Therefore, each of the 700+ guidelines have two ratings assigned, a severity rating and a frequency rating:
The guideline’s ‘Severity’ and ‘Frequency’ rating is combined into an overall ‘Importance’ rating, that describes the overall importance of reading a guideline in three levels; “Detail”, “Impactful” and “Essential”. This importance level is stated at the top of every guideline page.
Within each topic in Baymard Premium the guidelines are generally listed based on their importance (based on their combined frequency and severity). Hence, the first guidelines in each topic tend to be those with the largest impact on UX, and are often direct roadblocks. That’s not to say the guidelines presented later don’t matter – they are numerous and even if they are unlikely to cause abandonments individually, they can collectively add up and result in a high-friction experience.
While we generally advise to focus on the most severe issues first, the combined impact of a guideline should be judged against the specific cost for making the improvement. In our experience, teams that prioritize this way tend to see the best return on investment.
In addition to the severity and frequency ratings, select guidelines also have one or more special characteristics, that also boost the importance of reading the guideline (the ‘Importance’ rating):
Another major part of the research methodology and dataset is a comprehensive UX benchmark. Specifically, Baymard have conducted 12 rounds of manual benchmarking of the world’s 60 top-grossing US and European e-commerce sites across all 700+ UX guidelines across.
The benchmarking specifically consists of “heuristic evaluations” of the 60 e-commerce sites using Baymard’s 700+ usability guidelines (derived from the from the large-scale qualitative usability testing) as the 700+ review heuristics and weighted UX scoring parameters.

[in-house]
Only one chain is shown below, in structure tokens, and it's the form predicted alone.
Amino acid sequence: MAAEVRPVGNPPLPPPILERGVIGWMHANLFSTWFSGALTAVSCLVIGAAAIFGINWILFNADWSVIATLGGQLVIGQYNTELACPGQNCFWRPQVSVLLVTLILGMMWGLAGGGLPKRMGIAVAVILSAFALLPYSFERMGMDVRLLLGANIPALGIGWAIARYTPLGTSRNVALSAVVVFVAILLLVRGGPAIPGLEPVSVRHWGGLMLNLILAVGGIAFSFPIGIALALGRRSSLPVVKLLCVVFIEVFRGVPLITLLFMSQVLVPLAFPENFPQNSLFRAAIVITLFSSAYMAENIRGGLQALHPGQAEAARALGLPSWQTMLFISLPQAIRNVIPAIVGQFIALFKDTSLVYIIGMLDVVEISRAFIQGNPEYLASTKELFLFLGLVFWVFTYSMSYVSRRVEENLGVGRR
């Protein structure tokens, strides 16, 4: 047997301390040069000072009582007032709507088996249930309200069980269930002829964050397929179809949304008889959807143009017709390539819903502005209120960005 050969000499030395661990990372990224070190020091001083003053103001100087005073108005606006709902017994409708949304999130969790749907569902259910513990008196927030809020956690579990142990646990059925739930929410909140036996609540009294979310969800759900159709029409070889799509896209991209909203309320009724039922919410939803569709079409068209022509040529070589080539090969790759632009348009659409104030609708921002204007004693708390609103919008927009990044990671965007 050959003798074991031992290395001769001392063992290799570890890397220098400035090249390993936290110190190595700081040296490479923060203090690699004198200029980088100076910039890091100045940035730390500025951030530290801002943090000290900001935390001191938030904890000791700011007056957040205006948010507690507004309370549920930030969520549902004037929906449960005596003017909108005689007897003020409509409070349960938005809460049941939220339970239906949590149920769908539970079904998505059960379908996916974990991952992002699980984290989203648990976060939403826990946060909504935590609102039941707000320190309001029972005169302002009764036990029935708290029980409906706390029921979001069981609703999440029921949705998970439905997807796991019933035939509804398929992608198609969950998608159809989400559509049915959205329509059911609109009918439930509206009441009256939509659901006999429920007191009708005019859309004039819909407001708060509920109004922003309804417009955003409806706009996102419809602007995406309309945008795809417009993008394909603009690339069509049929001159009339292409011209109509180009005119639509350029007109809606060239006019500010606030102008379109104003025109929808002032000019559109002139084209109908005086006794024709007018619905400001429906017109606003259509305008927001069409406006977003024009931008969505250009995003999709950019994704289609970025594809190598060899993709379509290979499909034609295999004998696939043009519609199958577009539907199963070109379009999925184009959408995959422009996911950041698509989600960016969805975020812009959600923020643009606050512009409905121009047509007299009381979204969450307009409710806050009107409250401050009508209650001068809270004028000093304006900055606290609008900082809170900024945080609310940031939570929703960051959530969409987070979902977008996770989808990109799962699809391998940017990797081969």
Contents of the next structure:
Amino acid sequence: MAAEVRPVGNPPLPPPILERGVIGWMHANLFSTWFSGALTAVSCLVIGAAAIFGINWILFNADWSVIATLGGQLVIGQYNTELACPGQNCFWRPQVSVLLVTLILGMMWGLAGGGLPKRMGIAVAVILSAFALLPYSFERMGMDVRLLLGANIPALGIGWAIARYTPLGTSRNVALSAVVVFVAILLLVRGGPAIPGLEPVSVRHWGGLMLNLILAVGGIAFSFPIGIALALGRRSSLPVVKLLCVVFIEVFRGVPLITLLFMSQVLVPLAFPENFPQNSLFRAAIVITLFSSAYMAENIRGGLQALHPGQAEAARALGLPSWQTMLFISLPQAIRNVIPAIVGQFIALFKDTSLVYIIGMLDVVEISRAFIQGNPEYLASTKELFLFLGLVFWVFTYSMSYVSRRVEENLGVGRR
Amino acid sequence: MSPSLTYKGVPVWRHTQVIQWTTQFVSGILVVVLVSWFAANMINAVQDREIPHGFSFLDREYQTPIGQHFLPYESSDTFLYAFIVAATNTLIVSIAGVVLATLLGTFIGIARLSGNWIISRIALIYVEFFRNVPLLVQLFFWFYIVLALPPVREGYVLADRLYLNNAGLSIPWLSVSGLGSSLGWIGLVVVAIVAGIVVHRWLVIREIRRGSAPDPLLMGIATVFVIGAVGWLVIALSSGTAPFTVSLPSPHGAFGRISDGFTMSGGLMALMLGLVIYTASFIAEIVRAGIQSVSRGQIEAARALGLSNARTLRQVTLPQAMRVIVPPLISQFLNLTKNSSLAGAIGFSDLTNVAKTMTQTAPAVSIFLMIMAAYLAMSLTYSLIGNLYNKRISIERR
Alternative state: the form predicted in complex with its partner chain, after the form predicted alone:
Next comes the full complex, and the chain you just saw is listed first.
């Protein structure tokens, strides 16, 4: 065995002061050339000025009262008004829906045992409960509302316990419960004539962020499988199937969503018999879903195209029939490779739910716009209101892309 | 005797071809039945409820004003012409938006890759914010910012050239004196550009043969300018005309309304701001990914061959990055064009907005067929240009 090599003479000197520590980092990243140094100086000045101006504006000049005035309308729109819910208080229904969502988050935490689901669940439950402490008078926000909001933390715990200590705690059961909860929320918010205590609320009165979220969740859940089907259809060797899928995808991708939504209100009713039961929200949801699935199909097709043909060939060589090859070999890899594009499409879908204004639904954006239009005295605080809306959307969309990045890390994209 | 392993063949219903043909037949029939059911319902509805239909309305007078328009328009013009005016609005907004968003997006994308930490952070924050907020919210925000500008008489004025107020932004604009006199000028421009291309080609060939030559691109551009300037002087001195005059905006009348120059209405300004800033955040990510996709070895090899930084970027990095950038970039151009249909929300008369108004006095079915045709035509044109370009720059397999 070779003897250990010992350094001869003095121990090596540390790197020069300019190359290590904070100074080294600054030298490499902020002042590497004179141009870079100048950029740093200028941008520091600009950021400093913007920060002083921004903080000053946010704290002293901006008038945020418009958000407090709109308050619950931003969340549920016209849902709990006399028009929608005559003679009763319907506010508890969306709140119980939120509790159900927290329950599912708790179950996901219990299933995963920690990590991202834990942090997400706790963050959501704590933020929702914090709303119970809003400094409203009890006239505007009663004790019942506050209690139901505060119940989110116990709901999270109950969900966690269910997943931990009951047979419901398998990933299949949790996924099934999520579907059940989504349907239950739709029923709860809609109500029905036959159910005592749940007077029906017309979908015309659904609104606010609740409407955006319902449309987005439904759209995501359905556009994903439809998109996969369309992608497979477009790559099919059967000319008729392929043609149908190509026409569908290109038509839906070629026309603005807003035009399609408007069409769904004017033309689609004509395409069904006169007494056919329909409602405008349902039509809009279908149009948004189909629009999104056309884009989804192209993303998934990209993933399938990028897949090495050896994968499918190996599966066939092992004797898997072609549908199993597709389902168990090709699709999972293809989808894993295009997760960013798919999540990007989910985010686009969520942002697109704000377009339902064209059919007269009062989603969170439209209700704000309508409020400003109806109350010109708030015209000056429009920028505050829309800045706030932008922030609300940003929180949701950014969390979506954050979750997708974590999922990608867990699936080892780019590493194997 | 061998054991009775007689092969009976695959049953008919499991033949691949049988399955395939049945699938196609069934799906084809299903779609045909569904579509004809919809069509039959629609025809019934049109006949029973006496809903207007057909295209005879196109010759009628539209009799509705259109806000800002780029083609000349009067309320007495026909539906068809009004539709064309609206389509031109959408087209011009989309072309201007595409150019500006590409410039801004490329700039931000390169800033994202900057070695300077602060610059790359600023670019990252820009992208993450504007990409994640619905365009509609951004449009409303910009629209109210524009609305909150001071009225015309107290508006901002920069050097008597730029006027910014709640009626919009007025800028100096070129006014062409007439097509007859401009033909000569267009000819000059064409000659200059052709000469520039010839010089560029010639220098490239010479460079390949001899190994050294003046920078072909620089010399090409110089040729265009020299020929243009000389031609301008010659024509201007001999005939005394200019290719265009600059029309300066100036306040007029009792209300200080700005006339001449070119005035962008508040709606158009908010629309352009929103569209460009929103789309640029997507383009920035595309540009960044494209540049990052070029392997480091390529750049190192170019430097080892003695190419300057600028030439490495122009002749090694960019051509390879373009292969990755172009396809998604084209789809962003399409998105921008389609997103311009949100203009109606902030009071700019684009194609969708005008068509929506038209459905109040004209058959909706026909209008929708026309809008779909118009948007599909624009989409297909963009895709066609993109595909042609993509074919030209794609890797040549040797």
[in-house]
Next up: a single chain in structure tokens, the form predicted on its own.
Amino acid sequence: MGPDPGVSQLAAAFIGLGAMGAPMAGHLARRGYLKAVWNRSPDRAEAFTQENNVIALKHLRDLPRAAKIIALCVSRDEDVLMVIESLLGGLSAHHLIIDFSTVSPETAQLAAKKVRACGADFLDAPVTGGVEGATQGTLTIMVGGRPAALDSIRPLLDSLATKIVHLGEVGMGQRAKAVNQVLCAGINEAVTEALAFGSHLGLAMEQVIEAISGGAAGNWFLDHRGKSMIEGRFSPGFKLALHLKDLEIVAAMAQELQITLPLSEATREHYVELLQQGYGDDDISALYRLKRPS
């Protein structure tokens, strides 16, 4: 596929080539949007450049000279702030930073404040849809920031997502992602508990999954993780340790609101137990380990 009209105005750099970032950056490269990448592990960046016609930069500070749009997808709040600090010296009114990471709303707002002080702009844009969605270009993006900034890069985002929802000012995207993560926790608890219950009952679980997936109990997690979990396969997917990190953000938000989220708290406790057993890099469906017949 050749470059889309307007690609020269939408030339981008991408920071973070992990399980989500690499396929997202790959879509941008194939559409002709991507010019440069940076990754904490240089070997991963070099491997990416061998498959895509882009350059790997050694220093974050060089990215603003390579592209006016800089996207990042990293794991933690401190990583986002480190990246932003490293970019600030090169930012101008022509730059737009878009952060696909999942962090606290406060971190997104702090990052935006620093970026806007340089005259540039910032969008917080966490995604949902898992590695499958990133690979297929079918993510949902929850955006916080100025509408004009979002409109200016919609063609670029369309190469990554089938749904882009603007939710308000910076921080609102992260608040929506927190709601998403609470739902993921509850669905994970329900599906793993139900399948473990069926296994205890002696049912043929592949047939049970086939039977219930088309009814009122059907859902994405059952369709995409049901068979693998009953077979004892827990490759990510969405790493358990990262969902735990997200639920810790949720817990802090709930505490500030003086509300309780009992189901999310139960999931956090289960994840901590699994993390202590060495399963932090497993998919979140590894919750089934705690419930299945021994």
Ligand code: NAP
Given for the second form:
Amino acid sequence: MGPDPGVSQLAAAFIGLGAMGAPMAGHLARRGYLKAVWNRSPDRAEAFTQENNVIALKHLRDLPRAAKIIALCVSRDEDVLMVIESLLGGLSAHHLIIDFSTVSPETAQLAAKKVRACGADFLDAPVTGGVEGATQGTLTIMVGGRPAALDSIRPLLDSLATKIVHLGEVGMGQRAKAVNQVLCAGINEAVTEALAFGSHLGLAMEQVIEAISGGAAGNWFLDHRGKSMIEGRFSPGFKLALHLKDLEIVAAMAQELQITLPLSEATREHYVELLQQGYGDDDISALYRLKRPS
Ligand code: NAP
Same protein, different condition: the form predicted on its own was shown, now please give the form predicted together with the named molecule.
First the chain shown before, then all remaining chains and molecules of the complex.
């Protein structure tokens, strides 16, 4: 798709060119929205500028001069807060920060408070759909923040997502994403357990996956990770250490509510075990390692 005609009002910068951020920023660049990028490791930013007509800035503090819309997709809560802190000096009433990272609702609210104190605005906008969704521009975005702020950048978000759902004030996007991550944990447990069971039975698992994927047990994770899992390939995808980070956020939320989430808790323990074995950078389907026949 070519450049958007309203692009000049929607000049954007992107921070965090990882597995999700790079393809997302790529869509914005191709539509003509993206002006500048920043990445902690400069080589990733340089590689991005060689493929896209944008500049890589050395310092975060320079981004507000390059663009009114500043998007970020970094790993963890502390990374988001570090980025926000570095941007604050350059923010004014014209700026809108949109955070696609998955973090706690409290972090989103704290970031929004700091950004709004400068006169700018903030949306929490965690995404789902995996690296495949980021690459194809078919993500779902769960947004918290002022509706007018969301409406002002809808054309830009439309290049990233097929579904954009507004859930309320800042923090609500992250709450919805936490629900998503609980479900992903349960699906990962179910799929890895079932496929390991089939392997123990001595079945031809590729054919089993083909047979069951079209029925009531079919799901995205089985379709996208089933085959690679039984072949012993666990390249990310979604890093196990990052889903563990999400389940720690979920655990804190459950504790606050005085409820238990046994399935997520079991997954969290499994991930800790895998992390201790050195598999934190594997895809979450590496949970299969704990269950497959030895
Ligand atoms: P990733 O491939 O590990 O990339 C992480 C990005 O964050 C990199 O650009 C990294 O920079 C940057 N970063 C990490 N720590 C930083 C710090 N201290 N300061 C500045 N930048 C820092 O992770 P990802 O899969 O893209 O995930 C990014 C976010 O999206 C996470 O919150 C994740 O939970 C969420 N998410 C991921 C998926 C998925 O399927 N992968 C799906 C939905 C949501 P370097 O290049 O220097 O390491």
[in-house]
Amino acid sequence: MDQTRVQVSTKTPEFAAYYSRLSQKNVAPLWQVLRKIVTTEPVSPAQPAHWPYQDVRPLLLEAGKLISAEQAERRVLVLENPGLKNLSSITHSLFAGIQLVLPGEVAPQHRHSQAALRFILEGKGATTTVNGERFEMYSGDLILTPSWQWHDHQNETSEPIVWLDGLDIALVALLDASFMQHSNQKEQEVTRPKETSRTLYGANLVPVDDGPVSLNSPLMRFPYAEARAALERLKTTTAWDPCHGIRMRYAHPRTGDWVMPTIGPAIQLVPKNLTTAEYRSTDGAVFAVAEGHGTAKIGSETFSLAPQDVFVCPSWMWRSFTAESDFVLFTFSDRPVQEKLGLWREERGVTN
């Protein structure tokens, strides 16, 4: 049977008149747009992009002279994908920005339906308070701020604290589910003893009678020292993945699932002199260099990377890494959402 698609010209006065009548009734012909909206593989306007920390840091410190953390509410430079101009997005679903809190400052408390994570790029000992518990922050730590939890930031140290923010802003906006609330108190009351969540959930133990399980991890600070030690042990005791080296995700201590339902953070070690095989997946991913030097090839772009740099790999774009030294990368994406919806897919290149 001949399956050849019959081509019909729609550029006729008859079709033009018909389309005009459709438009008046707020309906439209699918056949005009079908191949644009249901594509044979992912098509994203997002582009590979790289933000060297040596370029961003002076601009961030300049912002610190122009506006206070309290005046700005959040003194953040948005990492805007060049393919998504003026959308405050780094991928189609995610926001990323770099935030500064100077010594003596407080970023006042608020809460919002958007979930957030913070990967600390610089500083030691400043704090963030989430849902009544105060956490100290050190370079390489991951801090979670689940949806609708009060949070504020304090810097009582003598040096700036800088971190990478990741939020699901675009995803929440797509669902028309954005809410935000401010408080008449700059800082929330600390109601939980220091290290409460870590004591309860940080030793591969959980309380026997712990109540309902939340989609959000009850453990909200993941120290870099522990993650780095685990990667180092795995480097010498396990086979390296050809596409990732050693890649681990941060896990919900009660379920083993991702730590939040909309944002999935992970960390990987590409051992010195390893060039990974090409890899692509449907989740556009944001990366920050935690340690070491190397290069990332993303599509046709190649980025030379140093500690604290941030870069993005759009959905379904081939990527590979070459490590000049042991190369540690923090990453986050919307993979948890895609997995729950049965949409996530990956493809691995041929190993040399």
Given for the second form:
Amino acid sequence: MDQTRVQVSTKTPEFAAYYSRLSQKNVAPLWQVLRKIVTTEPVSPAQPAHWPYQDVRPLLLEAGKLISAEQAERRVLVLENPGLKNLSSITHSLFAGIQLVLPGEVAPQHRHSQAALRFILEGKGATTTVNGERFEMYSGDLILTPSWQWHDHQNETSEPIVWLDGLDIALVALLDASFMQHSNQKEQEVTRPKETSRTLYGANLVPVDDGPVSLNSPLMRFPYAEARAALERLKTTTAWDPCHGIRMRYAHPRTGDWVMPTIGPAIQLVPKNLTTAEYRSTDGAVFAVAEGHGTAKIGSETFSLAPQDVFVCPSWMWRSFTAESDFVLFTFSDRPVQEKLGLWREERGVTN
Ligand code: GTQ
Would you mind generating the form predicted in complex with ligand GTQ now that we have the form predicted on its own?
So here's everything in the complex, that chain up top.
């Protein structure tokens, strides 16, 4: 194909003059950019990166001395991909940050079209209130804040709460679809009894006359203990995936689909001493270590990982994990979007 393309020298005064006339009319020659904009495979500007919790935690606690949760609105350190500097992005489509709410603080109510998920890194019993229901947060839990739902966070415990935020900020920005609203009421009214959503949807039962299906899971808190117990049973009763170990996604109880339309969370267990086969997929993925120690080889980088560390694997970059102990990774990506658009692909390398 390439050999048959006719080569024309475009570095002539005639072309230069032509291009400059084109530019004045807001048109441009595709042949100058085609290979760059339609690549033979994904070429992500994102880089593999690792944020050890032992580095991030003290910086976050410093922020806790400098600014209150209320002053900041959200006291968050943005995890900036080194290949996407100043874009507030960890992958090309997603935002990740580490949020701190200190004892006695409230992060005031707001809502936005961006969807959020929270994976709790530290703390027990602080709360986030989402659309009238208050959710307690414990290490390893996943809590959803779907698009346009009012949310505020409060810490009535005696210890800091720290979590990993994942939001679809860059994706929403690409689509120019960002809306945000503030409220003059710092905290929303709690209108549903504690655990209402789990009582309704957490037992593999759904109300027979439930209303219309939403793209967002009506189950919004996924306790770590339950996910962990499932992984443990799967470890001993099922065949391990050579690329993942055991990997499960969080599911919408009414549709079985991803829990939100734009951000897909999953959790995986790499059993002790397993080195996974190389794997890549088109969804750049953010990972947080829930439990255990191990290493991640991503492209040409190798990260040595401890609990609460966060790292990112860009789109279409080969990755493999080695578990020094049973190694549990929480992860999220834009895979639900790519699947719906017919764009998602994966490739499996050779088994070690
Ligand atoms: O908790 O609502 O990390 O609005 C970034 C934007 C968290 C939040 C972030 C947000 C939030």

The UX performance score for each of the 700+ guidelines is weighted based on its Frequency and Severity rating, and each site was graded on a 7 point scale, across all 700+ guidelines. This has led to a comprehensive benchmark database with 57,100+ manually assigned and weighted UX performance scores, 34,900+ additional implementation examples for the 700+ guidelines (organized and performance-verified), and 3,900+ webpage examples from top retailers, each annotated with review notes.
The total UX performance score assigned to each benchmarked site is essentially an expression of how good (or bad) a e-commerce user experience a first-time user will have at the site based on the 700+ guidelines.
The specific theme score is calculated using a weighted multi-parameter algorithm with self-healing normalization:
Below is a brief description of the main elements in the algorithm:
The annotated highlights/pins found in the benchmark are examples that the reviewer judged to be of interest to the reader. It’s the site’s overall adherence or violation of a guideline that is used to calculate the site’s UX performance score. Thus, you may find a specific Highlight that shows an example of how a site adheres to a guideline, even though that same site is scored to violate the guideline (typically because the site violates the guideline at another page), and vice versa.
All site reviews were conducted by Baymard employees. All reviews were conducted as a new customer would experience them — hence no existing accounts or browsing history were used (except for Accounts & Self-Service benchmarking). For the US-based and UK based sites an IP address from that country was used. In the case multiple local or language versions of a site existed, the US/UK site version was used for the benchmark.
In the benchmark screenshots only 1-2 versions of each page is depicted, but the reviewer investigated 15-30 other pages which were used for the benchmark scoring and detailed highlight screenshots as well.
Notes specific for:
In addition to the qualitative usability testing following the “think aloud” protocol, eye-tracking was also used for select testing. The eye-tracking test study included 32 participants using a Tobii eye-tracker, with a moderator present in the lab during the test sessions (for task and technical questions only), which took approx. 20–30 minutes. All eye-tracking test subjects tested 4 sites: Cabelas, REI, L.L.Bean, and AllPosters. The eye-tracking test sessions began by starting the test subjects at a product listing page and asking them to, for example, “find a pair of shoes you like in this list and buy it.”
The eye-tracking subjects were given the option to use either their personal information or a made-up ID handed on a slip of paper. Most opted for the made-up ID. Any personal information has been edited out of the screenshots used in this report or replaced with dummy data. The compensation given was up to $50 in cash.
Lastly, the fourth research methodology relied upon for the Baymard Premium dataset is quantitative studies. The quantitative study component is in the form of 8 quantitative studies or tests with a total of 10,721 participants. The studies each sought answers on: